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Colombia: humanitarian crisis

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  • World View <ummyakoub@yahoo.com>
    The National Union of Public and General Employees (NUPGE) - Canada National Union focus: Colombia is facing a humanitarian crisis Every three days on average
    Message 1 of 1 , Feb 2, 2003
      The National Union of Public and General Employees
      (NUPGE) - Canada

      National Union focus:
      Colombia is facing a humanitarian crisis

      Every three days on average a trade union leader is
      killed in Colombia

      Colombia is a small country in South America, known
      for its great beauty, the generosity of its people and
      the wealth of its natural resources.

      Colombia is also in the midst of a humanitarian crisis
      on the scale of Kosovo, Rwanda and Guatemala. To date
      this crisis has gone largely unnoticed by the global
      community. The National Union is committed to helping
      popular movements in Colombia achieve real social

      Violence and Colombia are synonymous in the minds of
      many. Yet little of the violence within the country is
      related to its "military" objectives. Rather, the
      violence is perpetrated against unarmed campesinas,
      workers, and the leaders of trade unions and popular
      social movements.

      More than 80% of the casualties of the "war" in
      Colombia are civilians. It has been estimated that the
      guerrilla movements are responsible for about 5% of the
      deaths, the army for about 10% and paramilitary forces
      for about 85%. A quick look at the statistics speaks

      - A union leader is assassinated every 3 days on
      average in Colombia, accounting for the vast majority
      of all trade unionists killed worldwide.

      - More than 2.5 million campesinas have been forced
      from their land by economic conditions, fumigation
      and, most importantly, intimidation by the right-wing
      paramilitary forces.

      - 1.5 million displaced people are living in Bogota alone,
      many in appalling conditions in shanty towns. Almost
      half the displaced in Bogota are Afro-Colombian or

      - Between 1986 and 1995, 45,000 people died as a direct
      result of the war, including 36,000 civilians. One
      person is murdered every 15 to 20 minutes, on average.

      - Paramilitary groups (as the government has officially
      acknowledged) have grown by more than 80% within the
      past year, expanding their influence across 40% of the entire

      Public sector unions face special challenges

      Approximately 42% of Colombia's budget goes to service
      foreign debt and another 30% to finance its police and
      military. Under pressure from the International
      Monetary Fund and World Bank, the government is being
      forced to change the constitution and roll back its
      support for health and education.

      Public sector unions are struggling with privatization
      and wage freezes. Laws make it difficult to organize
      workers by sector, so the union movement remains quite

      Feneltrase, the federation representing state workers,
      has 70 affiliated unions. CUT, Colombia's central
      labour body, has almost 750 affiliates.

      Plan Colombia

      United States has taken an active interventionist role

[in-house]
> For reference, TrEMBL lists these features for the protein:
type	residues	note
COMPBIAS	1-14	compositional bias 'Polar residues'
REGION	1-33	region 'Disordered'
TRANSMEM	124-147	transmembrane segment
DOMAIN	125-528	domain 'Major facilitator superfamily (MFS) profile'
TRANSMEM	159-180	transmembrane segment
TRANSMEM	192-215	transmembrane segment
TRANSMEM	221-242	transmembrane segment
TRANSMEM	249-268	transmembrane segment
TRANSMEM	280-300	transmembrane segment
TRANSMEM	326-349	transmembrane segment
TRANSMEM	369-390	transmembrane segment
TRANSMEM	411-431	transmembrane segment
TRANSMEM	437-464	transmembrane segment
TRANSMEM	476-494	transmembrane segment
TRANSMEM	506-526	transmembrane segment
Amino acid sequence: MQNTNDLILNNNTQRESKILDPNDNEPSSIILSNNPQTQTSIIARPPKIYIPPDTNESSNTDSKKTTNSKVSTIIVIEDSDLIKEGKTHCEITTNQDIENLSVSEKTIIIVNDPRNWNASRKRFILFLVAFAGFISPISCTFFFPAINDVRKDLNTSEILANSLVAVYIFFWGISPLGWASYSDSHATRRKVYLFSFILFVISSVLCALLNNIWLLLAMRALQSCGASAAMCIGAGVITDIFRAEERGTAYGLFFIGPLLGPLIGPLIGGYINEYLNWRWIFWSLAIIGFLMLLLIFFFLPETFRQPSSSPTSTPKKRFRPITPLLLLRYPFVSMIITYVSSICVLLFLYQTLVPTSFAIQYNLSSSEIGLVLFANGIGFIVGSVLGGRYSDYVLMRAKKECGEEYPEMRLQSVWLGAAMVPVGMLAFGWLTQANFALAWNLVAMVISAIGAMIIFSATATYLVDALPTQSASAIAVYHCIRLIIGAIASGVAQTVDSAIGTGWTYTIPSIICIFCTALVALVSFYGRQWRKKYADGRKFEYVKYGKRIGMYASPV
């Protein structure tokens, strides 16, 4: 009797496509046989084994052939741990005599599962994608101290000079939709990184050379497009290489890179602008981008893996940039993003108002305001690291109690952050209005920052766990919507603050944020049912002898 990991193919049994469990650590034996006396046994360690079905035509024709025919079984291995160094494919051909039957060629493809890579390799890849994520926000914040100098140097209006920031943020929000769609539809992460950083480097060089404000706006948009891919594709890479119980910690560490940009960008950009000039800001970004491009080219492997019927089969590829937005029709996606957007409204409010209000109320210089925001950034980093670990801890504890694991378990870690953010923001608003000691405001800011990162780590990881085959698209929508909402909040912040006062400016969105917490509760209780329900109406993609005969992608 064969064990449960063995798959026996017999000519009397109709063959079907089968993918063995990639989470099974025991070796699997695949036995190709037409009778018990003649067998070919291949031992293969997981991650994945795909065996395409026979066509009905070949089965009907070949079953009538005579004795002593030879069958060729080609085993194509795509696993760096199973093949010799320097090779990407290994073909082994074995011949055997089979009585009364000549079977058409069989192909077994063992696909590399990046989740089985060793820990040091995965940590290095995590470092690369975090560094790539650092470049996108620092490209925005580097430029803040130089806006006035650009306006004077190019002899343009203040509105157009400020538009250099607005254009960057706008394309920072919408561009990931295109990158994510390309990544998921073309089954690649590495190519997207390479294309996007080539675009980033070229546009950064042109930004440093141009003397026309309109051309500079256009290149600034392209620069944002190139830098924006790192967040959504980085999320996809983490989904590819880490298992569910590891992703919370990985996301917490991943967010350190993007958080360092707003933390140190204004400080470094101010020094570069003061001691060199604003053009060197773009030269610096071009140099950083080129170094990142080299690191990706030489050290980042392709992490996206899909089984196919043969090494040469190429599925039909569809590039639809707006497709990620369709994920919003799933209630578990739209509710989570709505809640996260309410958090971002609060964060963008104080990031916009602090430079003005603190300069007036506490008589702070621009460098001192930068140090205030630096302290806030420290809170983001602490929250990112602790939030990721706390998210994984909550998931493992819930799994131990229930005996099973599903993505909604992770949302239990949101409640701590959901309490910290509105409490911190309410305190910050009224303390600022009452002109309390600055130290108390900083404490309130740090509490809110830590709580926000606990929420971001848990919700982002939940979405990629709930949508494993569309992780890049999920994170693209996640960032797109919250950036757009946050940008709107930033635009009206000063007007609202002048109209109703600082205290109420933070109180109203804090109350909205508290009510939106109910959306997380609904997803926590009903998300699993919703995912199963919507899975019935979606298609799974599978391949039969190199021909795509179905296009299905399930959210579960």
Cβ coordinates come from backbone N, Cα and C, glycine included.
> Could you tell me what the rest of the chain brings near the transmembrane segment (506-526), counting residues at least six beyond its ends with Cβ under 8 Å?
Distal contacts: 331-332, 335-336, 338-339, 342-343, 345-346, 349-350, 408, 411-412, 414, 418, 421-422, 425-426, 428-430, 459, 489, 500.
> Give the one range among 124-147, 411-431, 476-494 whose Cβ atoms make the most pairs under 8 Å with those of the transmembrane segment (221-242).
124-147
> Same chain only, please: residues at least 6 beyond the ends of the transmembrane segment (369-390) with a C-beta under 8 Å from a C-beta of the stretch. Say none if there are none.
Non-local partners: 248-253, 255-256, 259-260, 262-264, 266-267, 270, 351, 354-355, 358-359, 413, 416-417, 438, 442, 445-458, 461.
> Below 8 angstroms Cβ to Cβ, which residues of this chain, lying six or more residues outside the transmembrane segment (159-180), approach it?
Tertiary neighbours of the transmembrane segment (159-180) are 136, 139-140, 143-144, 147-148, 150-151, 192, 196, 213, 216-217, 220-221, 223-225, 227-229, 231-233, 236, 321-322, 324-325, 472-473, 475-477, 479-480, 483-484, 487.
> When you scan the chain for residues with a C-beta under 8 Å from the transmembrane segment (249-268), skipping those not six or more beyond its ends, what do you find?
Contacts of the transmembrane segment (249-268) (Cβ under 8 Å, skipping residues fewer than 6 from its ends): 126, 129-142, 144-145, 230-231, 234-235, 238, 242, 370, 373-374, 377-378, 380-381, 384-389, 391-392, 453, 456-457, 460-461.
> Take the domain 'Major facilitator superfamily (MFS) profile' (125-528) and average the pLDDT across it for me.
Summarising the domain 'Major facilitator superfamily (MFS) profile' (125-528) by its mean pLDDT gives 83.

in Colombia. As part of its 'War on Drugs', and also
      through Plan Colombia, and now the Andean Initiative,
      the U.S. has poured billions of dollars into the hands
      of the Colombian armed forces.

      However, much of this has gone to finance paramilitary
      groups closely associated with the army, as well as
      large landowners and transnational corporations.

      Seeking a just and lasting peace

      All the organizations within the popular movement are
      acutely aware of recent peace negotiations in Guatemala
      and El Salvador and their failure to address the
      underlying causes of inequality and injustice in

      A common theme is that peace negotiations in Colombia
      must include representatives of indigenous, campesinas,
      Afro-Colombian, women's and other social movements.

      Think things can't get any worse - think again!

      Following the terrorist attacks of September 11th, the
      Bush government announced that, under the guise of
      fighting terrorism, it was increasing its efforts to
      provide military training and equipment to Colombia.
      This is in addition to the current funding to the
      Colombian government's "War on Drugs." The U.S.
      government has given millions of dollars in military
      aid to the Colombian military despite that government's
      continued failure to meet human rights conditions that
      were outlined by the U.S. Congress.

      On August 7, 2002, Alvaro Uribe Velez assumed the
      Colombian Presidency with a promise to intensify his
      government's efforts to defeat the guerillas. Uribe was
      strongly endorsed by Colombia's paramilitary groups and
      his past record as Governor was noted for inaction on
      extreme levels of right-wing paramilitary violence.

      Currently there is a growing human rights crisis in the
      Northern Cauca region. Northern Cauca, noted for its
      remarkable experiments in resistance to neoliberalism
      and in the actual construction of alternatives in the
      hemisphere, not to mention a courageous and unarmed
      struggle for peace, is being bombarded by both the
      FARC, a guerilla army, and the Colombian government.



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